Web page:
Getting started with the OSX terminal

For around 18 months now I’ve been using the terminal more and more. Perhaps the most suprising part of this has been just how enjoyable it is to use once you move past the very basics and become more proficient with what can at first seem on a level with black magic.

Whereas historically it was unusual for a front-end dev to stare too deeply into the command line abyss, it has now become a tool that can aid many front-end tasks. Whether using git, grunt or jekyll, there are many tools that require a small amount of terminal knowledge.

So I wanted to jot down the basics when starting out with the terminal and share some of the most common and useful commands that I tend to use most often.

Note. The commands and shortcuts will refer directly to the OSX terminal, but many of the basics cross over to Windows command line as well.

The very basics

The most basic terms you'll need to survive on the command line:


Short for change directory and will navigate to the directory specified after the command.

For example, cd Users/Sites/ will move you into the Users/Sites folder.

To navigate back one directory (to the current locations parent directory) use cd ../. To return to your home directory type cd. To return to the previous directory you were located in type cd -.

Using the ~ character means to use the $HOME internal variable, which is usually the root directory of the current user. So for example typing cd ~/ means to traverse from the users home directory.

To navigate to a folder which has spaces in its folder name, use cd /Users/Ash/My\ Folder\ Name/ where the \ escapes each space or cd “/Users/Ash/My Folder Name/".

Short for make directory and, as you might have guessed, this command creates a directory. Usage is like so mkdir my-directory-name.
Displays the path of the current directory. Useful for finding your current terminal location in the filesystem.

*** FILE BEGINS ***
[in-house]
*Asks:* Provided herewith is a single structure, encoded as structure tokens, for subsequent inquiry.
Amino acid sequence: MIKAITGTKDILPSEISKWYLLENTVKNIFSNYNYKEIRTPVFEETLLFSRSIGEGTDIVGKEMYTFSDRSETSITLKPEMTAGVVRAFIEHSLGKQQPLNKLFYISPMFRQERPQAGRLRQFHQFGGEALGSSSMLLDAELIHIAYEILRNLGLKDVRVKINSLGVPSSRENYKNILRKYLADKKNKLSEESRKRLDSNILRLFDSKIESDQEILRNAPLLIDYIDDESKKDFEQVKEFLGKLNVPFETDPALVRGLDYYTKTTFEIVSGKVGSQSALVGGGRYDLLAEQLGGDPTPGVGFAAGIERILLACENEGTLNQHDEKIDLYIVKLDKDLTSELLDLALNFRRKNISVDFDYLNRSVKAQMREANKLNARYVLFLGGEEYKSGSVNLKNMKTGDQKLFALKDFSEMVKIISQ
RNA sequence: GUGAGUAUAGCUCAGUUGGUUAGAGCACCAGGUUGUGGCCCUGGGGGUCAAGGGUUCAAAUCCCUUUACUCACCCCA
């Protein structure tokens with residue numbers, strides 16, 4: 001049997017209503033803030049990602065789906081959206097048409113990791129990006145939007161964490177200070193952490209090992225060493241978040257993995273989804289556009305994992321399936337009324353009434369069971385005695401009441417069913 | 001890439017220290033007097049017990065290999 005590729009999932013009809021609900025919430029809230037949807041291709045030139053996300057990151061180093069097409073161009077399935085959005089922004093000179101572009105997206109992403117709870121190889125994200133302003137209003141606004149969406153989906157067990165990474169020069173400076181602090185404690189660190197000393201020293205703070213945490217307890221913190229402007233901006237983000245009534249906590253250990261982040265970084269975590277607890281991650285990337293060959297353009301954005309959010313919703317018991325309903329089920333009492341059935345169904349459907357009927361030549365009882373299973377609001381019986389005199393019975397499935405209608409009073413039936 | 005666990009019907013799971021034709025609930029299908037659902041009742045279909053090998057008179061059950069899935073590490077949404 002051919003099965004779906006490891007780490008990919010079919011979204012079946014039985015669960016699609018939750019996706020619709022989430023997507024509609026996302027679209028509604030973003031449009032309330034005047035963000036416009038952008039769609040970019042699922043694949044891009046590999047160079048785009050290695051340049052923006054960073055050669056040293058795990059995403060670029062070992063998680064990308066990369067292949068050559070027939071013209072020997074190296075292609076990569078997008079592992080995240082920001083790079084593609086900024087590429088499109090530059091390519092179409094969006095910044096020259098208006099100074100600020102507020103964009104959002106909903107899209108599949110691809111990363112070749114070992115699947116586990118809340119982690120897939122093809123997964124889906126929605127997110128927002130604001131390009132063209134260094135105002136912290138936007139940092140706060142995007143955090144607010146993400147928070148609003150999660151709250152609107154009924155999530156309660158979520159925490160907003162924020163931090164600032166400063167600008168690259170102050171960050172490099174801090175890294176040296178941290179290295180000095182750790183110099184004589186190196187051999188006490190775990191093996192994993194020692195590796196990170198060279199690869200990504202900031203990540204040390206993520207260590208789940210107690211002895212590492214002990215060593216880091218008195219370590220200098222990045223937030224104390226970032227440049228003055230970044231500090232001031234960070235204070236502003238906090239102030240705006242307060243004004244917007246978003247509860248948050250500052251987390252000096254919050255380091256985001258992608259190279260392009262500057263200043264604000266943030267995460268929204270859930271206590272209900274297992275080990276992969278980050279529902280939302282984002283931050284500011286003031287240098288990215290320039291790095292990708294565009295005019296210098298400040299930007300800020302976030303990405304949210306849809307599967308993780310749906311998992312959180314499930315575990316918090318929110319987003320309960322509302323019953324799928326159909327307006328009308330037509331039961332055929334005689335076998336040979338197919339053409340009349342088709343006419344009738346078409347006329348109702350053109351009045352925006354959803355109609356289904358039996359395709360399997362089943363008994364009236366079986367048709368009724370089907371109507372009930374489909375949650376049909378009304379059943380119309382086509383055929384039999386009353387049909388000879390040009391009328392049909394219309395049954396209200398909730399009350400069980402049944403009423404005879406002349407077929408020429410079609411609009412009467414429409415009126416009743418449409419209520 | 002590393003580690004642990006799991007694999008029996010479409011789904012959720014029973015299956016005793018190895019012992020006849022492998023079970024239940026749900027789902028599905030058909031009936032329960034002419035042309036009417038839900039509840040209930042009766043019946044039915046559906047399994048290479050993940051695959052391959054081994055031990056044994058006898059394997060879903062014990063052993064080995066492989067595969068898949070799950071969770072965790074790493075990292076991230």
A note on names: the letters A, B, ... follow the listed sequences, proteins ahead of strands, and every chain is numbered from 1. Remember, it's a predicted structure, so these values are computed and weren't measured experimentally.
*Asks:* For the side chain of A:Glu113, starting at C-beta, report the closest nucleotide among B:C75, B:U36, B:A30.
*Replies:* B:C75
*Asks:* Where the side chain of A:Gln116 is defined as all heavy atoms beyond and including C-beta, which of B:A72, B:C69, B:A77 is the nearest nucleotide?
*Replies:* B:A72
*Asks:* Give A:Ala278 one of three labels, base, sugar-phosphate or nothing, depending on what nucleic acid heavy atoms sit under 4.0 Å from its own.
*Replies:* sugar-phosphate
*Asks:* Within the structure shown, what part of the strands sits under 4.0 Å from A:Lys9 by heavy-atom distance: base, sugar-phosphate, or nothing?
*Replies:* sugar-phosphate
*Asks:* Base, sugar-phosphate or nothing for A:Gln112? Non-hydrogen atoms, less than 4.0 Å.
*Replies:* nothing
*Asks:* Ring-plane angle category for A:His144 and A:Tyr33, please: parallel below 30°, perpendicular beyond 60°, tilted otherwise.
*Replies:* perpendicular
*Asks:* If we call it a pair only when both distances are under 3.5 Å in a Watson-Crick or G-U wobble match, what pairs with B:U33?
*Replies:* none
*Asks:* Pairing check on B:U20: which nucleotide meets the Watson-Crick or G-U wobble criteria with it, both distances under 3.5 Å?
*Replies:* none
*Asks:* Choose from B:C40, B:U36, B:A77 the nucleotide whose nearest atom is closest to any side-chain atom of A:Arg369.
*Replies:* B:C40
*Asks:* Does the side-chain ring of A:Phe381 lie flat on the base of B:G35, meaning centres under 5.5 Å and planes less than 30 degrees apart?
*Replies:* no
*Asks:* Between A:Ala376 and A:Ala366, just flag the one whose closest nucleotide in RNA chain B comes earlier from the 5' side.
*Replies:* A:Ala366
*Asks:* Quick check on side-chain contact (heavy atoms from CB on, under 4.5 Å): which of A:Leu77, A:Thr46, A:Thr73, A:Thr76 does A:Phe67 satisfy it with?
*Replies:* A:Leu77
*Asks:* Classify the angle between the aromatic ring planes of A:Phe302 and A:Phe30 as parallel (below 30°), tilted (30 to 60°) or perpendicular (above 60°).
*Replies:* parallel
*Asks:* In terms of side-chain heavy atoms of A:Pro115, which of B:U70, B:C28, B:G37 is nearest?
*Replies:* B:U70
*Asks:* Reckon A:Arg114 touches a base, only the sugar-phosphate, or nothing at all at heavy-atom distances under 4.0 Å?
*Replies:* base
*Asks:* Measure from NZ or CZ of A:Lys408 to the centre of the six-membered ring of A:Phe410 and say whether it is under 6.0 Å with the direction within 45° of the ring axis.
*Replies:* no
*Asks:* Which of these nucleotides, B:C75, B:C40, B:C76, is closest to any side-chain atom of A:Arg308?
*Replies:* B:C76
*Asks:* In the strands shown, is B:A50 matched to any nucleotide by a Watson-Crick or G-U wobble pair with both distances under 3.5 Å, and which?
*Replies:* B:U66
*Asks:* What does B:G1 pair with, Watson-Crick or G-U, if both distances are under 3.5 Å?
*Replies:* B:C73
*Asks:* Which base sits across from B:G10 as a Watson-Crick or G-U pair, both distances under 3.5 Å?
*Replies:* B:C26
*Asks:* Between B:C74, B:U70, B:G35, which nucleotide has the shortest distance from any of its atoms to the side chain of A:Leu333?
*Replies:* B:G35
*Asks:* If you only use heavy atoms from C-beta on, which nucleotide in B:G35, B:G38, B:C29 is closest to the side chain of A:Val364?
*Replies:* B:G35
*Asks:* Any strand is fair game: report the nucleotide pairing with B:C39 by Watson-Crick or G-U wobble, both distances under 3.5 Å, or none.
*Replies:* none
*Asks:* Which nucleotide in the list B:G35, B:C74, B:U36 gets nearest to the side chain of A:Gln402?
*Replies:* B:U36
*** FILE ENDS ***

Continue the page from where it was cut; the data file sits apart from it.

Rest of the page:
Creates a file. Used like so: touch index.html or can be used to create multiple files by writing touch index.html default.css.
Short for copy. Used like so: cp /Users/Ash/originalfile.txt tmp/copiedfile.txt.

Short for list. Lists all files in a directory.

To view files as a vertical list use ls -l.

To view all files including hidden ones use ls -a.

To view only directories, type ls -l | grep '^d'

Short for move. Used in the same way as copy (cp).
Short for remove (more commonly known as deleting). To remove a folder use rm -rf folder-name.

Opens a file.

open . opens the current directory in a Finder window.

Short for manual. For example, man rm will display information about the rm command.

A useful reference if you'd like to see more detail about what specific characters mean when using them on the command line is Chapter 3 of The Bash Reference Manual.

Useful Keyboard Shortcuts

Autocomplete a path. When entering a long path name it can be tedious to type out, hitting tab will autocomplete as much of the filename as it can match from what you have already typed. Hitting tab twice will show all options available that match what you have written. This enables quicker traversing of folders and files.
↑ (Up Arrow)
Toggles trough previously entered commands. Useful for repeating long commands that are still in the terminal history.
Alt + ← or → (Left or Right Arrow)
Skips word. Useful when navigating through long commands you have typed.
Alt + Mouse click
Holding down the Alt key and then using your mouse enables you to move your cursor to a specific part of the typed command. Useful when needing to edit commands that are quite long.
Ctrl + A
Move the terminal cursor position to the start of the line.
Ctrl + E
Move the terminal cursor position to the end of the line.
Ctrl + XX (X pressed twice)
Toggle the cursor position between the start of the line and its current position.
Ctrl + U
Clear all text behind the terminal cursor. So pressing this when at the end of a line will clear the whole line.